THE OTHER DAY I was in Barnes & Noble, and a class of local school kids—probably junior high—had evidently been turned loose in the store. Wherever I looked there were small girls clutching hefty midnight black tomes from the Twilight quartet (vampires, in case you’ve been living in a cave), and children of both genders stacking up the Eragon series (dragons) or good old Harry Potter (I couldn’t help a twinge of envy—imagine not having read them yet!).

You might well ask: What was I doing in the Young Adult section? Browsing, that’s what. Trolling for fantasy gold. Hamlet had it right (that bit about more things in heaven and earth than are dreamt of in our philosophy—meaning the cultivation of the rational mind). Ever since I laid eyes on an Oz book or tumbled down the rabbit hole with Alice or followed the exploits of Bilbo and Frodo, I have been hooked on make-believe. It is the Great Escape, the passageway out of one world into another.

I gave up dolls, but I never gave up fantasy, and for a long time I kept this a secret. I really should be reading Tolstoy, I’d say to myself guiltily. Or Henry James. I think the Harry Potter series was the turning point—because it was clever, almost satirical; because it was huge—in making it legitimate for mature readers to like Kid Lit. I remember when I started to notice grown-ups on the subway deep in one HP or another and thinking, Aha! I am no longer alone.

Who wouldn’t want to be transported out of the grimy underground and into a whirl of transformations (princes, frogs) and anomalies (talking animals, mind-readers, flying broomsticks) that go beyond science as we know it? Although ever quicker, sleeker means of communication and transport do seem wizardly, defying time, space, and other former constraints (cf. sci-fi master and scientist Arthur C. Clarke’s third law, “Any sufficiently advanced technology is indistinguishable from magic”), a volcanic eruption in Iceland can still halt air traffic for days on end. Nature is a hard wall against which human inventions crash.

FANTASY CAN PASS where science can’t. In fact, it tends to replace the unbearable everyday contingency of life (you could be hit by a truck/lose your job/get left by your spouse) with a sense of glorious possibility. Just beyond the next intersection could be a door to a fairy world; a miniature family of talking badgers could lurk in the hedge you walk past; a storm could whisk you across The Deadly Desert to Oz. So reality is not just reality; beyond the appearances is life on another planet, in a mythical kingdom, in the past or future.  It is a way to broaden your experience without going anywhere, except to  “It’s like having a vacation from life,” one friend said.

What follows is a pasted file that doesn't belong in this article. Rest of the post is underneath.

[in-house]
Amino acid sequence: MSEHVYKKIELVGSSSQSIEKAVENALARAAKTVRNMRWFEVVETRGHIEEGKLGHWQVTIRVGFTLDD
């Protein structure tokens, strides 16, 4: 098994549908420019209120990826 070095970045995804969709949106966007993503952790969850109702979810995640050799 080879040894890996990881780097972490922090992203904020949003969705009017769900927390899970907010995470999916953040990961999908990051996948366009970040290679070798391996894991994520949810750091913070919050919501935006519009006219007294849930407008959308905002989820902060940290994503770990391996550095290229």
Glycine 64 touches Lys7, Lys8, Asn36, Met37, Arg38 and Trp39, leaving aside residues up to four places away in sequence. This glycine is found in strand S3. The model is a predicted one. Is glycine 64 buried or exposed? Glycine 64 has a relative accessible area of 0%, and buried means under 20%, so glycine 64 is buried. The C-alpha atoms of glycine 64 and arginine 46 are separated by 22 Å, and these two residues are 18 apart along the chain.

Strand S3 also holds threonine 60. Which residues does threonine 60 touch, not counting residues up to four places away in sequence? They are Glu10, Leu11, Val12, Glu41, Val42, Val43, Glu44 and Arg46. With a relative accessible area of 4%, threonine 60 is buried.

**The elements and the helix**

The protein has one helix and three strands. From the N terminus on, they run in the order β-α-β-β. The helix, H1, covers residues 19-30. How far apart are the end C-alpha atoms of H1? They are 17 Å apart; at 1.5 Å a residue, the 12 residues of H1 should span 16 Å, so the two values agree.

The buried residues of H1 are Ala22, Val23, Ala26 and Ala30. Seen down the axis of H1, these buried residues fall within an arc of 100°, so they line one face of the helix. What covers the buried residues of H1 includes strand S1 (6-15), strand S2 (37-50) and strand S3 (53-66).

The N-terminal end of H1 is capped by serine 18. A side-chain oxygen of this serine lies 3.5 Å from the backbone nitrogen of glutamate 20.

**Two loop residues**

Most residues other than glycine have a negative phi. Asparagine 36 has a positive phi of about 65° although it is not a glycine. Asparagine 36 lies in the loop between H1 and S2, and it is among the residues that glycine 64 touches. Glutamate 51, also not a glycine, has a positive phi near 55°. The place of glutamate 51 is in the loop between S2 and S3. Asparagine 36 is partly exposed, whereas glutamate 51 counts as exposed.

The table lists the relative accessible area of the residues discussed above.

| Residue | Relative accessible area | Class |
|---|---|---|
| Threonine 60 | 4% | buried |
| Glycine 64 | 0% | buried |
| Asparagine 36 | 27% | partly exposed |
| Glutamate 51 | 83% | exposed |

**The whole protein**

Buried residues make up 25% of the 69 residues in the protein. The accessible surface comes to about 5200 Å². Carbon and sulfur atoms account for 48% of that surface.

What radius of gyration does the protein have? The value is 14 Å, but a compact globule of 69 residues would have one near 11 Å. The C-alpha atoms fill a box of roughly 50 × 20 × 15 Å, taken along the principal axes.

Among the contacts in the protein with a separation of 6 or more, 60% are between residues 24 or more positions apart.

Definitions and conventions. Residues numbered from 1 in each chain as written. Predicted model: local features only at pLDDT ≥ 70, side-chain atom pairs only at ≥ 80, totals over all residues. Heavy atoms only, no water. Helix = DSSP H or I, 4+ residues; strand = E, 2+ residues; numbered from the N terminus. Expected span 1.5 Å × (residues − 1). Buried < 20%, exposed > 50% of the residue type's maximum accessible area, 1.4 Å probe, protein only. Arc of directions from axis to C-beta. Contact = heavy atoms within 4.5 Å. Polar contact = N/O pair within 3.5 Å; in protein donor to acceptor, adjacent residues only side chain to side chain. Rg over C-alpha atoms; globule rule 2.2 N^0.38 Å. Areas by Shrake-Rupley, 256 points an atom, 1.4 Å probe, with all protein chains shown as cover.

Although plot is paramount in Young Adult fantasy (kids, bless them, are not going to sit still for a lot of boring exposition), this rich fictional world-building is not simply in the service of a brisk narrative. I sense the familiar presence of our old friend Denial. I remember thinking, when I first became conversant with the concept of death, that by the time I was at risk surely through some sorcery “they” (science? the wizards-in-chief?) would have found the secret of immortality.

On this level fantasy clearly has a lot in common with religion (in C.S. Lewis, the Christian symbolism is so obvious that it doesn’t even qualify as subtext). Since I was brought up an atheist, probably it has in some respects functioned for me as a secular alternative: if not an afterlife, an alternative life that I could (almost) trust to exist (somewhere over the rainbow). It’s not the same as believing in God or sin or following some prescribed ritual or orthodoxy, but it does lighten the burdens of reality.

YOU ESCAPE YOUR BODY in another way:  These fantasies are largely presexual (Twilight being the exception that proves the rule, and in any case vamps are innately more visceral—the blood, you know—than elves, say, or fairy princesses), and so they sidestep the disturbances of desire; it is not accidental that many fantasy protagonists are either boys or boyish girls. They return you to a time of shy crushes or intense friendships or vaguely limned romance (as between Aragorn and Arwen in The Return of the King), more comforting than passionate.

Although fantastical stories, like religion, are fire-and-brimstone frightening at times—they have to be, for the sake of a cracking good story—they are also a balm, replacing the ambiguous and unresolved with happy endings. Too, while in real life people can be emotionally volatile, veering off in unpredictable, unpleasant directions, fantasy characters (except in the darkest and most sophisticated fairy tales) are more likely to be consistent: Innocent adventurers (Dorothy, Frodo, Harry) guided by wise, parental-type figures (Gandalf, Aslan, Mary Poppins) confront malign creatures (the White Witch, the Wicked Witch of the West, Voldemort) and eventually vanquish them. In an age of few genuine heroines and heroes—or ones who turn out to have feet of clay—here are protagonists worth rooting for.